Mother, Brothers, and Sisters of Jesus

Mother, Brothers, and Sisters of Jesus

For people who come from a culture where the nuclear family is the norm, today's Gospel reading can prove troublesome, especially given the tradition that Mary remained a virgin after the birth of Jesus. The Gospel speaks of Jesus' mother as well as his brothers and sisters.  A few days ago, we heard that the family of Jesus thought he might be “out of his mind.”  So we should not be surprised that just a few verses later, his family is seeking him out.  Their concern might have centered on the fact that he seemed to be abandoning his family and surrounding himself by “outsiders.”  They also may have been concerned by the stories they were hearing about Jesus as he healed people, cured their illnesses, and expelled their demons.  However, here we are just a few days later, and the Gospel is telling us that his family is trying to communicate with him.  Jesus then utters a pronouncement that illustrates that he is forming a new kind of family, something the Scripture scholars label a “fictive” family, built of people who have placed their faith in Jesus and his preaching. 


I was recently watching a movie about Jesus of Nazareth. As is usually the case, family life for the three from Nazareth was depicted much the same as if the Holy Family had been living in a bungalow in a Chicago neighborhood. This was simply not the case in Israel at the time of Jesus. Families were "extended" and included a patriarch and his wife, his sons and their wives, and the children born to these several couples. Boys under the age of twelve and girls lived in the part of the house where the women resided. The men and the boys over the age of twelve lived in another section of the house, usually positioned in such a way as to guard the rooms where the women resided. When girls were old enough to be married, they were taken to the home of their prospective bridegroom where they took up residence in the home of their husbands' fathers. When boys married, they brought their wives to the homes of their fathers. Consequently, a family unit would be made up of grandparents, parents, aunts and uncles, and all their children. It was common to refer to the all of the children as "brothers and sisters," even though today we refer to the children of our aunts and uncles as cousins.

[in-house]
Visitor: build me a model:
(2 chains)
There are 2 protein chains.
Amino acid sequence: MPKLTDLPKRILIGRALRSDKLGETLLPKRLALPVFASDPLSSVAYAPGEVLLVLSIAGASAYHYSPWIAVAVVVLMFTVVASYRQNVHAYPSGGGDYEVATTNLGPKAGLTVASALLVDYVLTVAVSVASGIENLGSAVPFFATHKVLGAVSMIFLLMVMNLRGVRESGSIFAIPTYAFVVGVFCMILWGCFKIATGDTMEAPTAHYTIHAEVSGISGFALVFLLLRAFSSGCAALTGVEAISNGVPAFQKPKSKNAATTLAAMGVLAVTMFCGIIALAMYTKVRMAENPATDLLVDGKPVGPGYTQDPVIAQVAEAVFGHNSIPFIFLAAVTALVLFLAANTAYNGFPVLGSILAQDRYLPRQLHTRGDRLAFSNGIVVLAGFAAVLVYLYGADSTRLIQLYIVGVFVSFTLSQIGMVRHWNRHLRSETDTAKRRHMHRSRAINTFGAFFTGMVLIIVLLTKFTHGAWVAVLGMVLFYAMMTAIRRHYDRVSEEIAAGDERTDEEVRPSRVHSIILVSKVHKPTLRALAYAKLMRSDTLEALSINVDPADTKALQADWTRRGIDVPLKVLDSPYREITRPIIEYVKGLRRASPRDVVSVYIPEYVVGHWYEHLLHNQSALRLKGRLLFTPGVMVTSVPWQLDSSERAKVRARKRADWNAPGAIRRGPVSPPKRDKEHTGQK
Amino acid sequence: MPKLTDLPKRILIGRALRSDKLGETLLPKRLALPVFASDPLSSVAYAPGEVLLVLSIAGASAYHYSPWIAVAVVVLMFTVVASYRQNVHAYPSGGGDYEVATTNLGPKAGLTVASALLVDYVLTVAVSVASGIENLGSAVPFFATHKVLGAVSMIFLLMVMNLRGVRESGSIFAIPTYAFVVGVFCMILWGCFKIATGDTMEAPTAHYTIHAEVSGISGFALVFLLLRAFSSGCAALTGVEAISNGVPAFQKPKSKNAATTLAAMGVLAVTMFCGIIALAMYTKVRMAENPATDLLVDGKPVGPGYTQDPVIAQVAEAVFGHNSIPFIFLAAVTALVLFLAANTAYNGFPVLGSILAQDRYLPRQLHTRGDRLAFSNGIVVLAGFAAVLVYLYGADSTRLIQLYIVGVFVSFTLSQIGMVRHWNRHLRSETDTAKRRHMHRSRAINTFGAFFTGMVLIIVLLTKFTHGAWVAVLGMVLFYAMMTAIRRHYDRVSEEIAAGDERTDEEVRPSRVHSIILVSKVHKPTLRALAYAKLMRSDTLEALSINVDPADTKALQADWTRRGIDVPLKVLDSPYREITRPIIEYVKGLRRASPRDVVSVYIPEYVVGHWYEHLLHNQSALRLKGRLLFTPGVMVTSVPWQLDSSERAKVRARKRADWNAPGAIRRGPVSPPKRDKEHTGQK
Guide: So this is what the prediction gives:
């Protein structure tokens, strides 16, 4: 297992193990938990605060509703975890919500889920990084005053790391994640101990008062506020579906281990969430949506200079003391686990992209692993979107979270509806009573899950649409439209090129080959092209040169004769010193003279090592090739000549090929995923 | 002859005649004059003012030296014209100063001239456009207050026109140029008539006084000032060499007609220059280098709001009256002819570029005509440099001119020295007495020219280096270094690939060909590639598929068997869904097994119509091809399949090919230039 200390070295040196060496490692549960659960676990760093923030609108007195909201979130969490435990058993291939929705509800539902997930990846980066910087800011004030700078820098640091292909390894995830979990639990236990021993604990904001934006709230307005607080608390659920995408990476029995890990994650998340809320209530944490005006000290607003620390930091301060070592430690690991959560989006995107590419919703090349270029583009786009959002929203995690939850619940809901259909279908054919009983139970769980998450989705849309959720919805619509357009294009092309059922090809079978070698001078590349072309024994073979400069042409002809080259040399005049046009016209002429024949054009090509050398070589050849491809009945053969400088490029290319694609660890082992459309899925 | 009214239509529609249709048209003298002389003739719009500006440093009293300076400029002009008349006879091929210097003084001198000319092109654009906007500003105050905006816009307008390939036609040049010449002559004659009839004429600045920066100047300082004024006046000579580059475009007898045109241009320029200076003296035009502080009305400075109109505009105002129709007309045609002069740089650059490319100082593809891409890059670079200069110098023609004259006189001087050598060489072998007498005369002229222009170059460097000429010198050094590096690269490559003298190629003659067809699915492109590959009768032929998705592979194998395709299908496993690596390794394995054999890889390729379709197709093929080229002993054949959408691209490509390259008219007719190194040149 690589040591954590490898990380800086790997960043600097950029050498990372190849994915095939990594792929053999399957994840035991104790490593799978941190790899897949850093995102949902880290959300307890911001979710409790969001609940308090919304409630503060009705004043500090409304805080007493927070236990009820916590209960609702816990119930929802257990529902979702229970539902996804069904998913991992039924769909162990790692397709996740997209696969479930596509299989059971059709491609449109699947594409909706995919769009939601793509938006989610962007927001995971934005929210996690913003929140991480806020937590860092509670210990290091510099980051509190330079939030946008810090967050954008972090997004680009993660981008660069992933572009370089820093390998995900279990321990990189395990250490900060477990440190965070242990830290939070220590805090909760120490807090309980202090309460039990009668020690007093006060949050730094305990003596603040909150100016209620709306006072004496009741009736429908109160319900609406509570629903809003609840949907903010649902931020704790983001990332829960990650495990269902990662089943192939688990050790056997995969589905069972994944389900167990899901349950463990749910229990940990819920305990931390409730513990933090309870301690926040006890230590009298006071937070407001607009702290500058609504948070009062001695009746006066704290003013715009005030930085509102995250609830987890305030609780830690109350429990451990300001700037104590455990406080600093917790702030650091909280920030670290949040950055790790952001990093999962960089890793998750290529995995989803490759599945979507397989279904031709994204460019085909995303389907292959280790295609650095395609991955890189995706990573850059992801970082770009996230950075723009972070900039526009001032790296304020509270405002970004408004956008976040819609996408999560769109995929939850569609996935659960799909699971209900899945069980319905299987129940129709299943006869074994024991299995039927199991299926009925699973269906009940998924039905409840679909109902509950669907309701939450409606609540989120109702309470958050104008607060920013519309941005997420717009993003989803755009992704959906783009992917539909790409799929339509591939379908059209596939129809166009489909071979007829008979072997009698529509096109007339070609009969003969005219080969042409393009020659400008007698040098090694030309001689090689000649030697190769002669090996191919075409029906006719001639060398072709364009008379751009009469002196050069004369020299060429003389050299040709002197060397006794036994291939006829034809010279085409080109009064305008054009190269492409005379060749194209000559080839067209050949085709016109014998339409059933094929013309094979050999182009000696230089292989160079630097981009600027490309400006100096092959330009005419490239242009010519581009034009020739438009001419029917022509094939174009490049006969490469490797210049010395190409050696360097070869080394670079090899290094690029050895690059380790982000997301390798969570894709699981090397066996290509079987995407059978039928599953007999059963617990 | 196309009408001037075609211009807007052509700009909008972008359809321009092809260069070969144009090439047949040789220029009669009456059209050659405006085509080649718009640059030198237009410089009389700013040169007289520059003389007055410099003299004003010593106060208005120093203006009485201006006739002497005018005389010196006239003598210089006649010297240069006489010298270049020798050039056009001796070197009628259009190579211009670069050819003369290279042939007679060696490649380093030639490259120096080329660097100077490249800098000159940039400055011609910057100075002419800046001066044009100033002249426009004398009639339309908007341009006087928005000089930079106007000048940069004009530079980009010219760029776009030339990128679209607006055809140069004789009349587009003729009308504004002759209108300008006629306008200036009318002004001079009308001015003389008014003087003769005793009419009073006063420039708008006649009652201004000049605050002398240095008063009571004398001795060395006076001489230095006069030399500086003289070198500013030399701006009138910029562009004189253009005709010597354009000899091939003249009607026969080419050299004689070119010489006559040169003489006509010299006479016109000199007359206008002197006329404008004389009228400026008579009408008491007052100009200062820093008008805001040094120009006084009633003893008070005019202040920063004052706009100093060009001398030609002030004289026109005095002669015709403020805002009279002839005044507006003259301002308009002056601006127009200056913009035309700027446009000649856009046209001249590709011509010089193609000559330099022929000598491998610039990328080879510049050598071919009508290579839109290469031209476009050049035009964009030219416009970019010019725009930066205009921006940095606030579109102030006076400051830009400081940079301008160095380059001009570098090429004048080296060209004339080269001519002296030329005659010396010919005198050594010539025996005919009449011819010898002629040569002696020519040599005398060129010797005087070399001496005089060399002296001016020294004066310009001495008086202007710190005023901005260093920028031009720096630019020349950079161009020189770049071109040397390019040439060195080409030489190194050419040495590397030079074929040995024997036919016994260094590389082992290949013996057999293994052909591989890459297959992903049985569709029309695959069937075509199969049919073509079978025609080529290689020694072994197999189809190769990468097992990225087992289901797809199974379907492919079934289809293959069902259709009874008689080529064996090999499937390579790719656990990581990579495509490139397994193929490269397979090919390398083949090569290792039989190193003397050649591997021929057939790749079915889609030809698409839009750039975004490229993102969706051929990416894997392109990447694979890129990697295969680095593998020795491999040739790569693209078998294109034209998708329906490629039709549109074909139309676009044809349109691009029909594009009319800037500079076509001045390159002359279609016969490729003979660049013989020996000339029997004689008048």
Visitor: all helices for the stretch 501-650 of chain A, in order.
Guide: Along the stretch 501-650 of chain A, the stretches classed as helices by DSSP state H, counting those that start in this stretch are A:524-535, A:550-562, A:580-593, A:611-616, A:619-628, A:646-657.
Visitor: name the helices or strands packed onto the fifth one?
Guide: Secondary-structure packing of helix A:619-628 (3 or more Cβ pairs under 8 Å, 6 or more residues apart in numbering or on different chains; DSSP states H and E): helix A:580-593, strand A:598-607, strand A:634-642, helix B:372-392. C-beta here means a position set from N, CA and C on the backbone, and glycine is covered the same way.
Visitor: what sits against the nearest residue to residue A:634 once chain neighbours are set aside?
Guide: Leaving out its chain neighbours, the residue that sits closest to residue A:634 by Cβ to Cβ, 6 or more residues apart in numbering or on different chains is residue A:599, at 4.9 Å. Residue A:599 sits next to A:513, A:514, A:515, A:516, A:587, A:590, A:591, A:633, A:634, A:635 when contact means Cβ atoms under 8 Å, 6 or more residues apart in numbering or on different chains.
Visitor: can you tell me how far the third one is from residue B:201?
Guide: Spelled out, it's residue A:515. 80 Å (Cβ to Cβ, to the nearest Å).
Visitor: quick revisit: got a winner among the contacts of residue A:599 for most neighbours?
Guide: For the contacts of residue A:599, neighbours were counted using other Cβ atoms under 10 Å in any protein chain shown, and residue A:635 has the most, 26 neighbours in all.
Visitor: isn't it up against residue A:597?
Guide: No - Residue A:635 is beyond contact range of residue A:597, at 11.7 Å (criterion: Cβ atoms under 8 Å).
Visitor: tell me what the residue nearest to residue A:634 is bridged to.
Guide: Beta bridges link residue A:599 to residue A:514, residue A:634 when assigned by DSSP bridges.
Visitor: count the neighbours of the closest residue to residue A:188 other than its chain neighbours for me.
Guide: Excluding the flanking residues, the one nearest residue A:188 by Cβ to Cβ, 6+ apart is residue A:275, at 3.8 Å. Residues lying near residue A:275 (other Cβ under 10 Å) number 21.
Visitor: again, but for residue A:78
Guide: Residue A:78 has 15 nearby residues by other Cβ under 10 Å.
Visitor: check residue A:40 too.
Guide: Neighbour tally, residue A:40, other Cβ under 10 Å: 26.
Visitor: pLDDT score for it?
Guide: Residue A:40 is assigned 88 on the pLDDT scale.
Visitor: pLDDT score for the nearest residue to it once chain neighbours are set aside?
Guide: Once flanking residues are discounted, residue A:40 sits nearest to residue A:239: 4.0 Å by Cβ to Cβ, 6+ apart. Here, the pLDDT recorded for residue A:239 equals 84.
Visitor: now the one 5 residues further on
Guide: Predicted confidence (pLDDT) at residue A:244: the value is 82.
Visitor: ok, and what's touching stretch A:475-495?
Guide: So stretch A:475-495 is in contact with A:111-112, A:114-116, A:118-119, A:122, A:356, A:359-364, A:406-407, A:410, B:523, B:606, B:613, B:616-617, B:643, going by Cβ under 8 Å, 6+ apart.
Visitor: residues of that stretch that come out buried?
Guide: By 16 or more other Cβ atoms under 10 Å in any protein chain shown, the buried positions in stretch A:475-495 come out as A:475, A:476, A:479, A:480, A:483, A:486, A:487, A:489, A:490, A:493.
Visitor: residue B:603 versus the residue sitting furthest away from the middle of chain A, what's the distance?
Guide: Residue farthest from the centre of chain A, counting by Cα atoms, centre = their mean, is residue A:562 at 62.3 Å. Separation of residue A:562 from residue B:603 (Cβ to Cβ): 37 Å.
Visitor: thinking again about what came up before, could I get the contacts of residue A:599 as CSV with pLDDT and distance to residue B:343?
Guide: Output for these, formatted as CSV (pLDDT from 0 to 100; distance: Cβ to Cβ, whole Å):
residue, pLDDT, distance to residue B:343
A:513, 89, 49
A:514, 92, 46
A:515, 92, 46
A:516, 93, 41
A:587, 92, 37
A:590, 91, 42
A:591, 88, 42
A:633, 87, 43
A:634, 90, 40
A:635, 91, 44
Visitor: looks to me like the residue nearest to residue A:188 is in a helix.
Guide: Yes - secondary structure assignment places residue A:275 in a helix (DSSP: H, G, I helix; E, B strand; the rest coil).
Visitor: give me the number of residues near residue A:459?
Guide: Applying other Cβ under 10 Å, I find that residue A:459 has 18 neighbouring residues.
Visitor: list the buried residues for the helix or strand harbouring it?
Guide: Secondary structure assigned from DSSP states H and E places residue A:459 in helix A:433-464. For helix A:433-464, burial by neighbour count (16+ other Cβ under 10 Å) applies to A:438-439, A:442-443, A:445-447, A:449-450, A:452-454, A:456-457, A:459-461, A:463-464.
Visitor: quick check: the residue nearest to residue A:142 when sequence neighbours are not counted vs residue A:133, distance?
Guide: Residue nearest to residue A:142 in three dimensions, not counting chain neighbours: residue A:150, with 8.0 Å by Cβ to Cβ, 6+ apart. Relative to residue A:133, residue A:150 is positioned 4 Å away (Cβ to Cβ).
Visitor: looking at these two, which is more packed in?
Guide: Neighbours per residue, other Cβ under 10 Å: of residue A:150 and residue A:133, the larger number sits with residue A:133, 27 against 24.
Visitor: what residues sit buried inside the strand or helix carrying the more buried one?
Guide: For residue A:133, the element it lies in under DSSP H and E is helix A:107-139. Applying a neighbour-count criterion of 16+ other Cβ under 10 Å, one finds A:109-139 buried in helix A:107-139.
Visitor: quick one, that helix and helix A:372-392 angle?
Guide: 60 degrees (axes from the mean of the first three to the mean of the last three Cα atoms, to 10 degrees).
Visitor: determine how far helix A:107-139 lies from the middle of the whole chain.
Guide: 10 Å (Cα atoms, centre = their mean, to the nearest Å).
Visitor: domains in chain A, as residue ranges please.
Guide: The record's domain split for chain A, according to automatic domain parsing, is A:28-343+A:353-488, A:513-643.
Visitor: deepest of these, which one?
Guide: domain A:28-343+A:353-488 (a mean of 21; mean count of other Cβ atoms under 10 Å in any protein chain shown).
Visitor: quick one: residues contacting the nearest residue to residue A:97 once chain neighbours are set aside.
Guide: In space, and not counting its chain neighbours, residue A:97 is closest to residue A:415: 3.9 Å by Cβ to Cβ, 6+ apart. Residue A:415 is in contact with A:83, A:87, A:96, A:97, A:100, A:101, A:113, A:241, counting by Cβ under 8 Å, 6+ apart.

Women never traveled alone. When they went to the well for water, they went together as a group. When they ventured out further, they were in the company of men. So when the Gospel records that the mother of Jesus was waiting for him outside, it also tells us that she was in the company of the men of the household. It would have been a source of shame and scandal for a woman to walk about the village alone. It is important to keep these details of cultural significance in mind when reading the Gospels. 


While these cultural details help us to understand the rationale behind this scene, the true importance of this passage is that Jesus identifies those of us who have come to believe in him, who have heard his preaching and have accepted him as the Son of God as his family.  St. Paul illustrates this concept by saying that we have been “adopted” by Jesus and the Father and have, as a result, inherited the riches of the kingdom.  This realization should prompt us to continue to listen, to accept, to repent, and to strive to be true disciples of Jesus.


Fr. Lawrence Jagdfeld, O.F.M., Administrator


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«February 2020»